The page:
EU committee criticises pre-charge detention

A European human rights watchdog has criticised the way the government treats those detained without charge.

The Council of Europe’s committee for the prevention of torture and inhuman or degrading treatment or punishment publishes its report a week before parliament reconvenes, when it will push through measures to increase pre-charge detention from 28 to 42 days.

The report followed a visit by committee members to Britain in December 2007, when conditions at Paddington Green police station in London were inspected.

It criticises the government for not transferring detainees from custody in a police station to custody in a prison after 14 days, in accordance with EU rules.

The report adds “the exceptions have very much become the rule” and most suspects are choosing to remain at a police station because they fear they will lose access to their lawyer otherwise.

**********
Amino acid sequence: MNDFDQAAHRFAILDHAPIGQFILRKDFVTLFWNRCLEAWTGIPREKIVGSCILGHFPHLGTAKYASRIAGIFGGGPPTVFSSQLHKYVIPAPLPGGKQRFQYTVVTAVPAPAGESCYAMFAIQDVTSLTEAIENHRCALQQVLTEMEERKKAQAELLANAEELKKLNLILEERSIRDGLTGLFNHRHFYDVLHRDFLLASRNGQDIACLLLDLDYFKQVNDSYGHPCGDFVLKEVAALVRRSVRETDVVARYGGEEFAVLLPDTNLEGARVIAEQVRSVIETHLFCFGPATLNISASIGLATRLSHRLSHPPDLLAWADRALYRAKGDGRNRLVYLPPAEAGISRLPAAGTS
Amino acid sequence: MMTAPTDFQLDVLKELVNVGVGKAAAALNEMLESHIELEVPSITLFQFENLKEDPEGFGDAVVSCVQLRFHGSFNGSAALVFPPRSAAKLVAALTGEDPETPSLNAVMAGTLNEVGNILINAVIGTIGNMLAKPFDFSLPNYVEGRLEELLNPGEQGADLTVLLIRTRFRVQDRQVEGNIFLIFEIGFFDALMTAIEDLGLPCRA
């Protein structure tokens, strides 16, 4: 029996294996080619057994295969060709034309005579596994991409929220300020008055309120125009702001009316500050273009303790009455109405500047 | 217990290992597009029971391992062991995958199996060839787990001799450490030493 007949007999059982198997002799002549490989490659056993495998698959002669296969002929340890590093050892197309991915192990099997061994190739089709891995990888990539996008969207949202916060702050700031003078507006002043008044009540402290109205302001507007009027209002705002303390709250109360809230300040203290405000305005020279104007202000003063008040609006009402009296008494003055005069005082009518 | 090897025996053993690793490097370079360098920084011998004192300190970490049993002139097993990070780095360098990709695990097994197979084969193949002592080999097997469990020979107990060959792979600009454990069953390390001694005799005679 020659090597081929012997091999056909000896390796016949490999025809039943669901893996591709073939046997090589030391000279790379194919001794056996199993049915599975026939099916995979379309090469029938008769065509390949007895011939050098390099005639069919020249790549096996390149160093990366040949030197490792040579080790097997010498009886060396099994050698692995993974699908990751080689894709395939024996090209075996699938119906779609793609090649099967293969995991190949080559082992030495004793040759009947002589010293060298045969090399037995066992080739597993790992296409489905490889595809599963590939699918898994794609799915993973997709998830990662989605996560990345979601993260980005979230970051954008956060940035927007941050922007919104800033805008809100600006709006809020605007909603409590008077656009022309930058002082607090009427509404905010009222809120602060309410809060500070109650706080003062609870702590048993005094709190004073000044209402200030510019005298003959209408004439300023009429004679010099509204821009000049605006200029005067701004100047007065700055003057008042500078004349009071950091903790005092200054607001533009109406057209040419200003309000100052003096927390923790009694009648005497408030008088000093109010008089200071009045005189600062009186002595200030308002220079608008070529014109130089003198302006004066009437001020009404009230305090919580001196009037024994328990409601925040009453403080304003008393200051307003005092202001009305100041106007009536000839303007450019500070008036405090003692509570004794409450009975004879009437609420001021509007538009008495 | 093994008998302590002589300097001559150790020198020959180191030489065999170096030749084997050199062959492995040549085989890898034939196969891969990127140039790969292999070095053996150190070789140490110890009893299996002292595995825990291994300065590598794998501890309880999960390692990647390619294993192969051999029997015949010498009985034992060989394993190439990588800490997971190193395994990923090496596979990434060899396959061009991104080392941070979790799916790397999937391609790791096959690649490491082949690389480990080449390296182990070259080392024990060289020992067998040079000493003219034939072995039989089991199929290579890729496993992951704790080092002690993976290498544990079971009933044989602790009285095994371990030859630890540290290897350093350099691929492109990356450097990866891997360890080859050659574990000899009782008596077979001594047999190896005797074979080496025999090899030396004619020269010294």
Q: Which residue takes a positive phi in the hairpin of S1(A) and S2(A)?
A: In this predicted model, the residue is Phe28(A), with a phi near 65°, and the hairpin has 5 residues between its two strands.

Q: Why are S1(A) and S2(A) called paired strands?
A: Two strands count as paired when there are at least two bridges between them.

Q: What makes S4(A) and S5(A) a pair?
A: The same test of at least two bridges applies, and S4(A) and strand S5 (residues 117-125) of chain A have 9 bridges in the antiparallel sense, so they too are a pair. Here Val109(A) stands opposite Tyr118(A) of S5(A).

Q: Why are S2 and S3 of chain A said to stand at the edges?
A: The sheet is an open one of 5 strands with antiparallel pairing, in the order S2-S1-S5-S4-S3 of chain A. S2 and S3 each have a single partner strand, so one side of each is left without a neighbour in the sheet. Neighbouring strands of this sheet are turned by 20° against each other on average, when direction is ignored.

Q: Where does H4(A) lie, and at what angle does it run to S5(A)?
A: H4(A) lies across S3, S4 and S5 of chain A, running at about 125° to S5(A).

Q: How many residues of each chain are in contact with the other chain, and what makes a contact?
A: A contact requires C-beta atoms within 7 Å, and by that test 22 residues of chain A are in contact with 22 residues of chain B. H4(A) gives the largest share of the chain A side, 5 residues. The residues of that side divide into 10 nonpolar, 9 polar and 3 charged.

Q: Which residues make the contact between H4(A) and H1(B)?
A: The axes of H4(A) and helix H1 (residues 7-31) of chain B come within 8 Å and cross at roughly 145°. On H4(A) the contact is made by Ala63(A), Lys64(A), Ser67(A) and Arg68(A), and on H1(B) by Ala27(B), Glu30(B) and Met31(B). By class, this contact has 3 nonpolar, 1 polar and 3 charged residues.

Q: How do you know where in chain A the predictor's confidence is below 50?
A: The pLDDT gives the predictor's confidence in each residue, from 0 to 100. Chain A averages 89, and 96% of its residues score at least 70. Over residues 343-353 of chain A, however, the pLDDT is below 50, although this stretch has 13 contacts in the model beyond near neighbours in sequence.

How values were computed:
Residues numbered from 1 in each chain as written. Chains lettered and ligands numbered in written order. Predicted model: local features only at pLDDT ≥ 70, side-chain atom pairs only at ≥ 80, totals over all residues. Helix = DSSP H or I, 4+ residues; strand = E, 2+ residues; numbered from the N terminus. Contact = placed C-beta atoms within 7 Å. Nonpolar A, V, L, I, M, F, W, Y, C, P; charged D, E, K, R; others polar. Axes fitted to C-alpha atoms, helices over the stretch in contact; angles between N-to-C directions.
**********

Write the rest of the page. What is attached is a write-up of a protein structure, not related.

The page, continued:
Legal access at prisons is recommended, while it is “crucial” that the detained person be brought before a judicial authority at regular intervals, the report adds.

“In the interests of the prevention of ill-treatment, the sooner a criminal suspect passes into the hands of a custodial authority which is functionally and institutionally separate from the police, the better,” it concludes.

The government welcomed the report’s findings but sought to defend its procedures in its official response.

It said it believes “sufficient safeguards” exist to ensure expeditious transfers to prison” and backed detainees’ right to request that they remain in detention at a police station.

“Such a request can result from a number of reasons such as the police station being more accessible or nearer to the detained persons home and family or friends who may wish to visit,” its response said.